Newsletter | Nov/Dec 2021

2021 Retreat Talk Synopsis
by Suzan Swabacker Miller

The keynote speaker for the 2021 Retreat was attorney Jennifer Hernandez. Here’s the synopsis of her talk in our programs: She will provide perspective on issues ranging from siting and expansion of undesirable land uses such as landfills and heavy industry near minority neighborhoods; infill development and public transit; gentrification and displacement; affordable and attainable housing; upward mobility and homeownership, transportation equity and solving the housing crisis. To use the vernacular: mind-blowing to start with, and the lecture had not begun.

In preparation for the talk, each of us attendees were sent a copy of her article for Breakthrough Magazine, Green Jim Crow (How California’s Climate Policies Undermine Civil Rights and Racial Equity). Ms. Hernandez opens her article writing that she “won the equivalent of the national lottery, with full scholarships to Harvard, and then to Stanford Law.” She continues with her own story about housing. Her father was employed by U.S. Steel in Pittsburg where she grew up “middle class” in a nice home there.

Fast forward to the present where home ownership for young people has become increasingly difficult. Ms. Hernandez writes that no affordable housing is in Pittsburg, nor most of the major cities in California. She interweaves Climate Policies, (created by White Climate policymakers) and notes that California wants all electric cars by 2030. However, poorer people have 2 constraints. First, they typically live outside the metropolitan areas in California and need a car to get to/from work. Second, they cannot afford an electric car, instead buying older more polluting gas fueled cars.

Kathleen Cruise summarized the laws as: “Her primary point was that there many things the State is doing right, but two key things we are doing wrong. One is that we are the only state that puts in place zoning and planning laws and then does not base building approvals on them. The resultant burdensome entitlement process adds $100,000 per unit making affordable housing unaffordable for many underserved populations. This is so wasteful. “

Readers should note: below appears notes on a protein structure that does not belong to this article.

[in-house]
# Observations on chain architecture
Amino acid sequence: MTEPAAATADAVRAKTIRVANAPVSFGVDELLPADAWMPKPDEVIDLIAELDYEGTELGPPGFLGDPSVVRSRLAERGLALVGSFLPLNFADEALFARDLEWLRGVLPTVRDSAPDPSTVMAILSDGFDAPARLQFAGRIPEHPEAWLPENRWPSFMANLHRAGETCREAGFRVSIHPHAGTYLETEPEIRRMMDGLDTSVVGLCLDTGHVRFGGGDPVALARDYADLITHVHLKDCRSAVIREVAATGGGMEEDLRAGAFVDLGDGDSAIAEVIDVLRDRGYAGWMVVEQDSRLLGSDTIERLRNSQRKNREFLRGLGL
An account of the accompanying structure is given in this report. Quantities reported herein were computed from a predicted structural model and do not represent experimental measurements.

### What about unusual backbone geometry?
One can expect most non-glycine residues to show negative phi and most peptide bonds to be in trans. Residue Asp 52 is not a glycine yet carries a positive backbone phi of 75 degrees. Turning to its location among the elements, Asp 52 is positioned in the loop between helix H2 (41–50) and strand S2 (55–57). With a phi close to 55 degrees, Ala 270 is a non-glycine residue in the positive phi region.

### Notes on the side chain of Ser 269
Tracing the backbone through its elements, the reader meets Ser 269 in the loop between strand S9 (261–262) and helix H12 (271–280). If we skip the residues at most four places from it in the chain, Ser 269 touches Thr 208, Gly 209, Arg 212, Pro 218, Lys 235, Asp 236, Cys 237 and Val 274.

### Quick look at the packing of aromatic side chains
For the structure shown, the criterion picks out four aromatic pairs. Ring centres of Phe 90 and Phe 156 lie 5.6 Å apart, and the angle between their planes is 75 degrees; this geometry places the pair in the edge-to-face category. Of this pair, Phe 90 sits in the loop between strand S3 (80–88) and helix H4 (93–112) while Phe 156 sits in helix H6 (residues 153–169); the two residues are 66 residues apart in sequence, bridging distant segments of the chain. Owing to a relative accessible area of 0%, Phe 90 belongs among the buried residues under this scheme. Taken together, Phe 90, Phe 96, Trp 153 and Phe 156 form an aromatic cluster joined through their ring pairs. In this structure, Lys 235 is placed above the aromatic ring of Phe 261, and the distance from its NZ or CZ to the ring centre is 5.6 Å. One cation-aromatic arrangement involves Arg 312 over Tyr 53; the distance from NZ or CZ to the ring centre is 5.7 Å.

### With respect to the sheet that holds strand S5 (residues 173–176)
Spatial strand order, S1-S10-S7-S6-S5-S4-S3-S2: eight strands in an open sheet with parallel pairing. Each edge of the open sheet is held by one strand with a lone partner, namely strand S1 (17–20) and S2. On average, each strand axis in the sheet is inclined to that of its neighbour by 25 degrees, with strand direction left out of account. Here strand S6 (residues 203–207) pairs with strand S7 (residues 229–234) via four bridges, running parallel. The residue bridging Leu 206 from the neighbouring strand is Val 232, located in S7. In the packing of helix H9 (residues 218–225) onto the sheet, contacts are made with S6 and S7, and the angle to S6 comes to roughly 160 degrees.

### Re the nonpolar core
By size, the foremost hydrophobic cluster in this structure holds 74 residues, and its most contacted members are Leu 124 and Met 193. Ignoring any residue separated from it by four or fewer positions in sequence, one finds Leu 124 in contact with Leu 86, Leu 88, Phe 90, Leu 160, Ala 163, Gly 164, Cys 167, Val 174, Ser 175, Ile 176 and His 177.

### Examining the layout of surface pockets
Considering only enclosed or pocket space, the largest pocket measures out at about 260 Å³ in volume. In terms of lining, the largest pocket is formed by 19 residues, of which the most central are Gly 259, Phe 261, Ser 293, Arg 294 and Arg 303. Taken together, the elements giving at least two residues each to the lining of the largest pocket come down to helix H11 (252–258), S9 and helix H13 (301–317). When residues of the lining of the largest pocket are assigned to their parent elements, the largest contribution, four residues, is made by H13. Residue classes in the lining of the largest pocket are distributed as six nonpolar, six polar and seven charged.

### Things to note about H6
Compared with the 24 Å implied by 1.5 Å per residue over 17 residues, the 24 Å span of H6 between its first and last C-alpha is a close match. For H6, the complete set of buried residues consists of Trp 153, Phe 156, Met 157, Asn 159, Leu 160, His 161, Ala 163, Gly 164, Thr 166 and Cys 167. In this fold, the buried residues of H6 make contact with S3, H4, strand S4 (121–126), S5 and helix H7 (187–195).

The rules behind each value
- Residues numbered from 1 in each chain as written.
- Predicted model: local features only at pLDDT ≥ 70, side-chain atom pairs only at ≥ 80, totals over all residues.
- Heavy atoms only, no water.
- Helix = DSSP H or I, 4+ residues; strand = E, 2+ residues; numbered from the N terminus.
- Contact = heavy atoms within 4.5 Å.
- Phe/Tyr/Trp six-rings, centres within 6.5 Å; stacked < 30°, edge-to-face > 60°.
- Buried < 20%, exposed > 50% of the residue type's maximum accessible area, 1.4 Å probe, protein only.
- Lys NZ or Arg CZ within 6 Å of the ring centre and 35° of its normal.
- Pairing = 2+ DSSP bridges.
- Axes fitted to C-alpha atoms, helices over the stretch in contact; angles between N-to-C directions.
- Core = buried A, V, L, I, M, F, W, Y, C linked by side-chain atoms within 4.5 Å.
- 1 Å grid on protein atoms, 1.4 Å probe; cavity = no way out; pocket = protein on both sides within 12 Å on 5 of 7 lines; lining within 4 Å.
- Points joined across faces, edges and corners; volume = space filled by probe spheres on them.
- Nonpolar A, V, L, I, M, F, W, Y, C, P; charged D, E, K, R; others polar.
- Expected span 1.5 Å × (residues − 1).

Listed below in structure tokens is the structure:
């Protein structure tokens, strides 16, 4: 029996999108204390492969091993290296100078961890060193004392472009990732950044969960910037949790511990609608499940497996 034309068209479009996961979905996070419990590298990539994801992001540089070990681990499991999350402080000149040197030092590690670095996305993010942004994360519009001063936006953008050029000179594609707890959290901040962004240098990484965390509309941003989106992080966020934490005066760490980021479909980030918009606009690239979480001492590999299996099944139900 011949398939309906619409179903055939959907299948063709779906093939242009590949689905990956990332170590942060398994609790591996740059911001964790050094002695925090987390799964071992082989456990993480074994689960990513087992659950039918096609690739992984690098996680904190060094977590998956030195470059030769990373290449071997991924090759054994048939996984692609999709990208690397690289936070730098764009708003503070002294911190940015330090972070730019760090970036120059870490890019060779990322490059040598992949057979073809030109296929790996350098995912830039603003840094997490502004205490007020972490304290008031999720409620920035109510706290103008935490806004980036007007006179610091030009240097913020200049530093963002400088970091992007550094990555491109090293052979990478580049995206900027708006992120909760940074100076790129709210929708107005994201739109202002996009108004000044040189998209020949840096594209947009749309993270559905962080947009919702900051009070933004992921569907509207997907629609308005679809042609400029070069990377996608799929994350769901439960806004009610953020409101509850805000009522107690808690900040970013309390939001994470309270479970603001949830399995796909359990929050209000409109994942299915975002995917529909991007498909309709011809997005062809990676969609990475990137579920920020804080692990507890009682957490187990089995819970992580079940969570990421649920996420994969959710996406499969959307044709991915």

A tangent to this outcome is reflected by California’s stringent emissions laws which have improved or decreased the total smog levels since 1980. But flip this around, and the same laws have resulted in limited housing starts compared to the population growth.
From there she continues. Holland & Knight carefully collected data from the State to support the various arguments regarding zoning. Using Long Beach as an example, the data shows how city zoning places higher density housing alongside public transportation lines (busses primarily) which restricts poorer people (Latinos and Blacks) from moving out into the wealthier enclaves (Asian and white) where the lower density zones prevail. Further, Ms. Hernandez argues that public busses are not reliable; therefore no one with a job wants to use them. Instead, the population is back to buying a car and then finding a space to park it, to ensure access to jobs. Recently, her firm (Holland & Knight) has successfully sued both Berkeley and San Mateo requiring these cities to put denser housing in areas where the citizens fought back claiming the new zoning did not support the increased neighborhood density.